It’s easy to laugh at the trope of “existing between art and technology” but ultimately isn’t that’s what modern synthesizers and computers do? I think a difference for me is that while I am happy to work within that existence, I’m certainly not focussed on it or care. You can patch a synthesizer to think and set up problems and outcomes. You can also be played by it as well. Computers do this even more extensively. You can set up a recording template to make your experience easier/familiar while you work, which is a plus. You can also work within a program that is uninspiring and annoying to get your point across. Ultimately these things should work FOR you not the opposite. Anytime these things aren’t a benefit, the artistic process gets very compromised.

Production tools, from instruments to complex software environments, contribute to the compositional process. How does this manifest itself in your work? Can you describe the co-authorship between yourself and your tools?

Much like I mentioned previously, I want to work with these objects, not for them. I’m interested in synthesis/computation because it makes me feel like I am capable of producing the things I have in my head. I’d work with guitars and vocals or anything for that matter if I felt inspired and empowered by them.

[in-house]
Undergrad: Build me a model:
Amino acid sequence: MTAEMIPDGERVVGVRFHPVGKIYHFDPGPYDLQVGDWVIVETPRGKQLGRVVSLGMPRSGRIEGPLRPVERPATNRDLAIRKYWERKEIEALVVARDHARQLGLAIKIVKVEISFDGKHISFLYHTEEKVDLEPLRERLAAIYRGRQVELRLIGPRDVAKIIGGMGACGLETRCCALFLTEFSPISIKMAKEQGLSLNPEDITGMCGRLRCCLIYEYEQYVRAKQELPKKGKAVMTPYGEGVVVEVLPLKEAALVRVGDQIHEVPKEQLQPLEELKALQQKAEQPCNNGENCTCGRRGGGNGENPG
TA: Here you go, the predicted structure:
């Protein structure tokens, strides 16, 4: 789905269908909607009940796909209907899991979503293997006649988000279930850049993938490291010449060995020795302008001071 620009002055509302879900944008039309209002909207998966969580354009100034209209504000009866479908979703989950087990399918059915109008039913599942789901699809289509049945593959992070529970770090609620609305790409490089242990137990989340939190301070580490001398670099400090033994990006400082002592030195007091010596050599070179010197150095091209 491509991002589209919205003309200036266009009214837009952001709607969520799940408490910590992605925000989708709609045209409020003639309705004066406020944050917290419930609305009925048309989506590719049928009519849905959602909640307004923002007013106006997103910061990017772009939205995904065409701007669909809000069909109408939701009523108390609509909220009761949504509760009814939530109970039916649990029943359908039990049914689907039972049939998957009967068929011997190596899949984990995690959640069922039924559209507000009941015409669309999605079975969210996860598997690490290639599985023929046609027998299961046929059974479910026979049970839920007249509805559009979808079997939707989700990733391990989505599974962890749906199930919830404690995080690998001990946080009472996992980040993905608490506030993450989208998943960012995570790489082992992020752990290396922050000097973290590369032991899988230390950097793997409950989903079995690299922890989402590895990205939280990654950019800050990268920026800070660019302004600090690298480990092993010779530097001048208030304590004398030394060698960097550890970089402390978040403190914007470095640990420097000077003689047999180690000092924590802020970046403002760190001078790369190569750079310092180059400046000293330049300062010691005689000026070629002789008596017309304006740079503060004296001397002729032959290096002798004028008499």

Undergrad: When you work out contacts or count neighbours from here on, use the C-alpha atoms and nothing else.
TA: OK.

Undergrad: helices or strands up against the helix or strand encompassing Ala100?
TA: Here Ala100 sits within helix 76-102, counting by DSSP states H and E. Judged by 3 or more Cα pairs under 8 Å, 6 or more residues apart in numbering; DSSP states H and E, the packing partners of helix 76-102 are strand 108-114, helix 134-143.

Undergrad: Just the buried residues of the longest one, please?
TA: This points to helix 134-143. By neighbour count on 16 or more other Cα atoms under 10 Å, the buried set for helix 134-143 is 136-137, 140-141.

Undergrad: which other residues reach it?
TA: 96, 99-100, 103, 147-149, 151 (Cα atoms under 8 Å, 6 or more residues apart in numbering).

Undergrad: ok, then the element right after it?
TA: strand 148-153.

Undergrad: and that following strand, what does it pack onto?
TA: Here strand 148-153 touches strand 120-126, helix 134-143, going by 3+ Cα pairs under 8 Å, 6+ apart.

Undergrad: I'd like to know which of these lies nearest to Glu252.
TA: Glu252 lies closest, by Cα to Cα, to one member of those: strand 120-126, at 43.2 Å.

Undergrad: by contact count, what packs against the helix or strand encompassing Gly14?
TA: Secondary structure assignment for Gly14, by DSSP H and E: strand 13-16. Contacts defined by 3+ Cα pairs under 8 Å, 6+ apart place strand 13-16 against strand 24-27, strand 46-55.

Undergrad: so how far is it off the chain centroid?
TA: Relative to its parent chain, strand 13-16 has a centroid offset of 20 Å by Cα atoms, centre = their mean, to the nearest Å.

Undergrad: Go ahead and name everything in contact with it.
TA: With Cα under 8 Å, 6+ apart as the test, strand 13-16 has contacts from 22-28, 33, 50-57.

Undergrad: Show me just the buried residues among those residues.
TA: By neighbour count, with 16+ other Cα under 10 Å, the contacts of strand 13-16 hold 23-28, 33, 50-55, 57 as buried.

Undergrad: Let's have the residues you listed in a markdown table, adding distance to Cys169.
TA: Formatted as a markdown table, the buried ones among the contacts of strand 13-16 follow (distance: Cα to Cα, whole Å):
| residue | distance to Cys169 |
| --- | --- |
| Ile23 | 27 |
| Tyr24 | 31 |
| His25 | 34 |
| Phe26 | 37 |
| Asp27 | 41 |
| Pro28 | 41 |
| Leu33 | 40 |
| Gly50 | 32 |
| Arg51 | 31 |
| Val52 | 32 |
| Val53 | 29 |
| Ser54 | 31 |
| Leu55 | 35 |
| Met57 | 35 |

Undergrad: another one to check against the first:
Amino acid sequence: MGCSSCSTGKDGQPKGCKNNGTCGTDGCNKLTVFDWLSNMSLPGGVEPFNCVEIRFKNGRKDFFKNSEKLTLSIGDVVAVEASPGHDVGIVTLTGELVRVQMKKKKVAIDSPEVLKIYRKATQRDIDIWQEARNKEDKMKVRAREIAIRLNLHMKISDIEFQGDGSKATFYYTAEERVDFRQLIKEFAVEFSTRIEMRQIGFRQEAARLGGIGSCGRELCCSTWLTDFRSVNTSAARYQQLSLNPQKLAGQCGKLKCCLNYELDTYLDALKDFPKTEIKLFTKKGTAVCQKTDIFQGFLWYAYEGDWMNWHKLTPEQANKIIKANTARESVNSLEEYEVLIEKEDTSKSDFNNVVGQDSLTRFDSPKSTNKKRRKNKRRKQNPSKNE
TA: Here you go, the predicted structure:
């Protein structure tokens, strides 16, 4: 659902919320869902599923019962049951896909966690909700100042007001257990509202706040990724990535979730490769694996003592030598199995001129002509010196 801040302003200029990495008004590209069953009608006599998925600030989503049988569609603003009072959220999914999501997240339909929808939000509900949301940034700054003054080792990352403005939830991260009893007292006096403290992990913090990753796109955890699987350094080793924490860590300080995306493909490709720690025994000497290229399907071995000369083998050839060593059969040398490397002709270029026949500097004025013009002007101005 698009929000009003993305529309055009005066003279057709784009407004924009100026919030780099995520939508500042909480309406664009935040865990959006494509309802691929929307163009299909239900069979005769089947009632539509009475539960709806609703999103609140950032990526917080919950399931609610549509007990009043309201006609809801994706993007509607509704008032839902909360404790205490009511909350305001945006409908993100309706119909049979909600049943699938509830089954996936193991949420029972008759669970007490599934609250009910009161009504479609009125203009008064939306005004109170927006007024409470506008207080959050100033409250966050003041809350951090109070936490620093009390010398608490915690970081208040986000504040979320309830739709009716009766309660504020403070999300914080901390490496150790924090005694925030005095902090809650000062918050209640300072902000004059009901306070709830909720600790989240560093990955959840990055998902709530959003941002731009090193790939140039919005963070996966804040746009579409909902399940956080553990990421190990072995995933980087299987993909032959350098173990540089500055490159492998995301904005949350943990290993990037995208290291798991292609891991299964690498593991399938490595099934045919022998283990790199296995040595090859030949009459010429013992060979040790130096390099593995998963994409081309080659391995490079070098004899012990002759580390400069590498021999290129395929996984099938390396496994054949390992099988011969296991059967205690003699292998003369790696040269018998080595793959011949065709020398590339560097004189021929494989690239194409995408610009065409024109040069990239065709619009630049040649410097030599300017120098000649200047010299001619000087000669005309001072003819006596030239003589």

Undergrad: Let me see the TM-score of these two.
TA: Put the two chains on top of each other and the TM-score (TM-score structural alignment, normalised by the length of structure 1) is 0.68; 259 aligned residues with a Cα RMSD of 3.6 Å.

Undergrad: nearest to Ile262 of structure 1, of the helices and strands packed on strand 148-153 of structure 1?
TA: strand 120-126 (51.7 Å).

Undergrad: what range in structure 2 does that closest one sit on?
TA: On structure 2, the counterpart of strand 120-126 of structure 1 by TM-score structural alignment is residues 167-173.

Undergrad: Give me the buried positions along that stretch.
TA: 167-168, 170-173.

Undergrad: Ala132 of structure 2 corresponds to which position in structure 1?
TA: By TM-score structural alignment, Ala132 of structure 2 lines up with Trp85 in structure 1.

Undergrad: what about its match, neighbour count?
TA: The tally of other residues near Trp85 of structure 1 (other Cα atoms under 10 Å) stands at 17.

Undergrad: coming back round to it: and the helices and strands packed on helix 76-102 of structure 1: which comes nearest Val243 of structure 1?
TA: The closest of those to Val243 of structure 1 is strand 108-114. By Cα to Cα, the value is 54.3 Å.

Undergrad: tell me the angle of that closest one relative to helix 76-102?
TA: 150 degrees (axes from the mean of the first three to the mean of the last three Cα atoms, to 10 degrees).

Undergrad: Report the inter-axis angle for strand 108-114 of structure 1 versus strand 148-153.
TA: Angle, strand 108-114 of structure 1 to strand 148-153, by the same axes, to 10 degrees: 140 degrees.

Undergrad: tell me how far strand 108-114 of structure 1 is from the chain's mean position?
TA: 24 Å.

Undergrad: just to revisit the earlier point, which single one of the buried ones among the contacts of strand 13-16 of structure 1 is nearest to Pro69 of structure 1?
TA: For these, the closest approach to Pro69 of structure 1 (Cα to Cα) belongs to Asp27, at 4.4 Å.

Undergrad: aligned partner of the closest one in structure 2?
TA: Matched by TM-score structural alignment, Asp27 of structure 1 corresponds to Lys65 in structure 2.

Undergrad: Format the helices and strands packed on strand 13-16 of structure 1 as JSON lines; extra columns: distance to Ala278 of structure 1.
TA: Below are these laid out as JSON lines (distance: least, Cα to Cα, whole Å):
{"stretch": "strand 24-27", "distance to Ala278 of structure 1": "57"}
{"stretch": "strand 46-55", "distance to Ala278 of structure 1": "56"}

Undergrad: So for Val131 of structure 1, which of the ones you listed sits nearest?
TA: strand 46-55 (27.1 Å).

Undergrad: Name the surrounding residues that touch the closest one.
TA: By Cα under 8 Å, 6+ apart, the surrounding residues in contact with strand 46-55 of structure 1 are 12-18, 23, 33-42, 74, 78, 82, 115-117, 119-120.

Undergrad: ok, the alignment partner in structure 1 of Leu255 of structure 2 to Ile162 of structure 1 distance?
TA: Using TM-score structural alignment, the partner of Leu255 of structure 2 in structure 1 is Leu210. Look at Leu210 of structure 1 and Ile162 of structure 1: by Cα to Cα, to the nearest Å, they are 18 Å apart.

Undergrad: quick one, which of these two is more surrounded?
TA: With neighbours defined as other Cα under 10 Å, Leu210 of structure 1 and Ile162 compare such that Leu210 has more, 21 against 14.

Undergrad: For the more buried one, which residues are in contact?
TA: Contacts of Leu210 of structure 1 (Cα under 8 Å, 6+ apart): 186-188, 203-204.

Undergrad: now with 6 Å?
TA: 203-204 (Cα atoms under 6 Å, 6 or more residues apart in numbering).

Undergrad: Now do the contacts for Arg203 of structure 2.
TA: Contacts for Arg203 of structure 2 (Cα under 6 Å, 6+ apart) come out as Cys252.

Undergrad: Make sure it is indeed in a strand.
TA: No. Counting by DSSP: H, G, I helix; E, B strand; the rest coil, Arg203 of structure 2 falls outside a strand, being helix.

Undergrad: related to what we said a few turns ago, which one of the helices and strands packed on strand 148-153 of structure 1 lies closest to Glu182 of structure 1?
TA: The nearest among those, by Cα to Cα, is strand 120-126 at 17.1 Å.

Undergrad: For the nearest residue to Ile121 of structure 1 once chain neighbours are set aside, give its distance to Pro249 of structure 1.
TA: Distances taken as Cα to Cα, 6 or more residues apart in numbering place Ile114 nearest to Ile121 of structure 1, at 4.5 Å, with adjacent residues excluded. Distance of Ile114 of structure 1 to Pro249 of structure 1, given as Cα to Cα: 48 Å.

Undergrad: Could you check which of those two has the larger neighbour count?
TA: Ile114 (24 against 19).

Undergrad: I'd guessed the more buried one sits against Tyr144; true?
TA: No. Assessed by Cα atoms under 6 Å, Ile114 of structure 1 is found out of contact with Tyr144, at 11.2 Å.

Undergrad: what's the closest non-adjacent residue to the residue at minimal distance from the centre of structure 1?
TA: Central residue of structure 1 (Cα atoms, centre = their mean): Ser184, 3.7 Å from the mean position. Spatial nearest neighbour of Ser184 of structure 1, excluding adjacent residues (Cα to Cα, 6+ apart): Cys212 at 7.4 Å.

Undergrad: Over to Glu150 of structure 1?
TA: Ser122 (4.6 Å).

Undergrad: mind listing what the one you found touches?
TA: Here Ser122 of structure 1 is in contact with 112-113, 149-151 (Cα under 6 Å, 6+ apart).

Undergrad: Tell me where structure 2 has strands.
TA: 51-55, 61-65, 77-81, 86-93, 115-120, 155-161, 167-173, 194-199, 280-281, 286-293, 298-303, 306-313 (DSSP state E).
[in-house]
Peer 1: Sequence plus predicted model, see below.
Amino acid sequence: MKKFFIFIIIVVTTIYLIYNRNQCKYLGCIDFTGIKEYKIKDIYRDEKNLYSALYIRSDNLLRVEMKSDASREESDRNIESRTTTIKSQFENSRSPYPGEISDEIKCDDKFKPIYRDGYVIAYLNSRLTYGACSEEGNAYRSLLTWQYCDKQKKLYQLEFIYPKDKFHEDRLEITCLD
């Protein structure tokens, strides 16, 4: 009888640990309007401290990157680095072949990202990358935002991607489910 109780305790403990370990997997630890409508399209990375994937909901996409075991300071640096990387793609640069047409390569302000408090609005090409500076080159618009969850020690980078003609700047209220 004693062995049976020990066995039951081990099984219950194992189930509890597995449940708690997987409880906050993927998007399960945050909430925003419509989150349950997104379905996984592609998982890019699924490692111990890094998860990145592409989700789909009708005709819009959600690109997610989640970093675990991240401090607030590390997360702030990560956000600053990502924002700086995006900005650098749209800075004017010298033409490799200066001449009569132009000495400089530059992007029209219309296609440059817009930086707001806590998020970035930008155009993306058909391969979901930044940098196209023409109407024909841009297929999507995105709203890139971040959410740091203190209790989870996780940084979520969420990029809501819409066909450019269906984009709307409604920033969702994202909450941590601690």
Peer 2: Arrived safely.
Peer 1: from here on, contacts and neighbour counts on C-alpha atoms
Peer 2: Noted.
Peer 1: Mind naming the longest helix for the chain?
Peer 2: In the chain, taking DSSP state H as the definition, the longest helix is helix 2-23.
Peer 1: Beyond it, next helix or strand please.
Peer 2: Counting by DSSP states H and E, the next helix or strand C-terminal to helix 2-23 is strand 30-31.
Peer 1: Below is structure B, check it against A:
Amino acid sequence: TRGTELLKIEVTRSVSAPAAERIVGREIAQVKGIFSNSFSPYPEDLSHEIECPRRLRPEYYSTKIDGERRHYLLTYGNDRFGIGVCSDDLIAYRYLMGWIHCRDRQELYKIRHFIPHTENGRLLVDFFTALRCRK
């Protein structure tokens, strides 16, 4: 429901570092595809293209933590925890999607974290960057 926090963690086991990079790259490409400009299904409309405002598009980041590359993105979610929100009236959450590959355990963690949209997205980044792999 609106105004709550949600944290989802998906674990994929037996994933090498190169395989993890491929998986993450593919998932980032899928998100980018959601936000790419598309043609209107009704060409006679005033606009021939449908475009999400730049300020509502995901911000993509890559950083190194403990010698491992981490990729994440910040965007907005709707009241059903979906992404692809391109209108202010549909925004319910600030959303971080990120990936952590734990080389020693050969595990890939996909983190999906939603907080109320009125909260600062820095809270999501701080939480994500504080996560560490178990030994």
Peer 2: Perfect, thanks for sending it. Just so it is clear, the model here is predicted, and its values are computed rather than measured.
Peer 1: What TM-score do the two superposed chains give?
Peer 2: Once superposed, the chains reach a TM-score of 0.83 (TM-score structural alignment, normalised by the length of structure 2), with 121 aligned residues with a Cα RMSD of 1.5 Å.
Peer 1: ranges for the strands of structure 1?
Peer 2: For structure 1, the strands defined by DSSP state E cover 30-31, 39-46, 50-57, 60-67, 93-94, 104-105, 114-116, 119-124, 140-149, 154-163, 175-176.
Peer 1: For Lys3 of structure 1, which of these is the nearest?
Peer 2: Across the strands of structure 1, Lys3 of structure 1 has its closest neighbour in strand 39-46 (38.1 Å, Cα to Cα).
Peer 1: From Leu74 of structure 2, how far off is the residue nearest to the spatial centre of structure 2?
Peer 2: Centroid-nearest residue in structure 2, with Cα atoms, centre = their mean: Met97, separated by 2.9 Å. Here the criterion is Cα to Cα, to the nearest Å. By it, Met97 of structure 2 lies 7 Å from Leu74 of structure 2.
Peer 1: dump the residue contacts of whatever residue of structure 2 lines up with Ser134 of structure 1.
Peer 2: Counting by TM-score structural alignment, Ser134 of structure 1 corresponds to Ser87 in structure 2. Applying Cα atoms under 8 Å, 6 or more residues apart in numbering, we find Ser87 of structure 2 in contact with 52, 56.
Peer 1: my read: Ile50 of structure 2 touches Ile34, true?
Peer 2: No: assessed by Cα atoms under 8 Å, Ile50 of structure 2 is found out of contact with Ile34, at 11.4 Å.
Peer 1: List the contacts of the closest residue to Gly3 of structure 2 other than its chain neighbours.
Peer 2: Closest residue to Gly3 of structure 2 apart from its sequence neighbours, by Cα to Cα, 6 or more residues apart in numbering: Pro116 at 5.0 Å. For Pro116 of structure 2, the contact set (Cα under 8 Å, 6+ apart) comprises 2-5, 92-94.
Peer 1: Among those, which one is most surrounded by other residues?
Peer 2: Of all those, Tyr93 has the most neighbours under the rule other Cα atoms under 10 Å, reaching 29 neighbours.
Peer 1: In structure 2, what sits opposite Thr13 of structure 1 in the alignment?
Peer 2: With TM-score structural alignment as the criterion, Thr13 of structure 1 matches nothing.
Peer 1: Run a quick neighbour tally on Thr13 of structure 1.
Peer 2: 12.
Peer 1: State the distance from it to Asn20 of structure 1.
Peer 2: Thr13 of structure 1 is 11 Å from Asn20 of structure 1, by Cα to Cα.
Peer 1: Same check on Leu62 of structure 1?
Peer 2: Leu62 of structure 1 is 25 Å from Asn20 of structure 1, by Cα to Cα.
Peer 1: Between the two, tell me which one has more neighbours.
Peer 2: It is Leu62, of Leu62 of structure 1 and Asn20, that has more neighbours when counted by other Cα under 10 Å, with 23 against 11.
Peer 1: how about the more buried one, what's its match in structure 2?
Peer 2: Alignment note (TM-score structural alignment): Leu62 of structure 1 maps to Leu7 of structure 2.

Collaborations can take on many forms. What role do they play in your approach and what are your preferred ways of engaging with other creatives through, for example, file sharing, jamming or just talking about ideas?

Collaboration has been a massive part of my process, especially in the past few years. This is encouraged greatly by the larger umbrella of Chicago music and I think being here for as long as I have makes collaboration seem implied. Sharing is important, feedback is important. Ultimately, I have to make my own choices, but sometimes others help you see yourself better. ‘Fresh ears’ as they say.

Could you take us through a day in your life, from a possible morning routine through to your work? Do you have a fixed schedule? How do music and other aspects of your life feed back into each other - do you separate them or instead try to make them blend seamlessly?

I have a day job and often times daily studio work but I attempt to keep them separated. There are weeks where I’m not recording and maybe going in sporadically and making patches or edits to older material. My mixing and arranging process is usually much longer timewise than the tracking, there are endless times where I want to be in the studio, sometimes inspiration is not quite there. I’ve learned to not force recording, mixing, or anything based on time and now go with the inspirational feelings instead. Everything I have forced or done based on time constraints or what I perceived was ‘expected’ or deadline I have not been pleased with in the long run.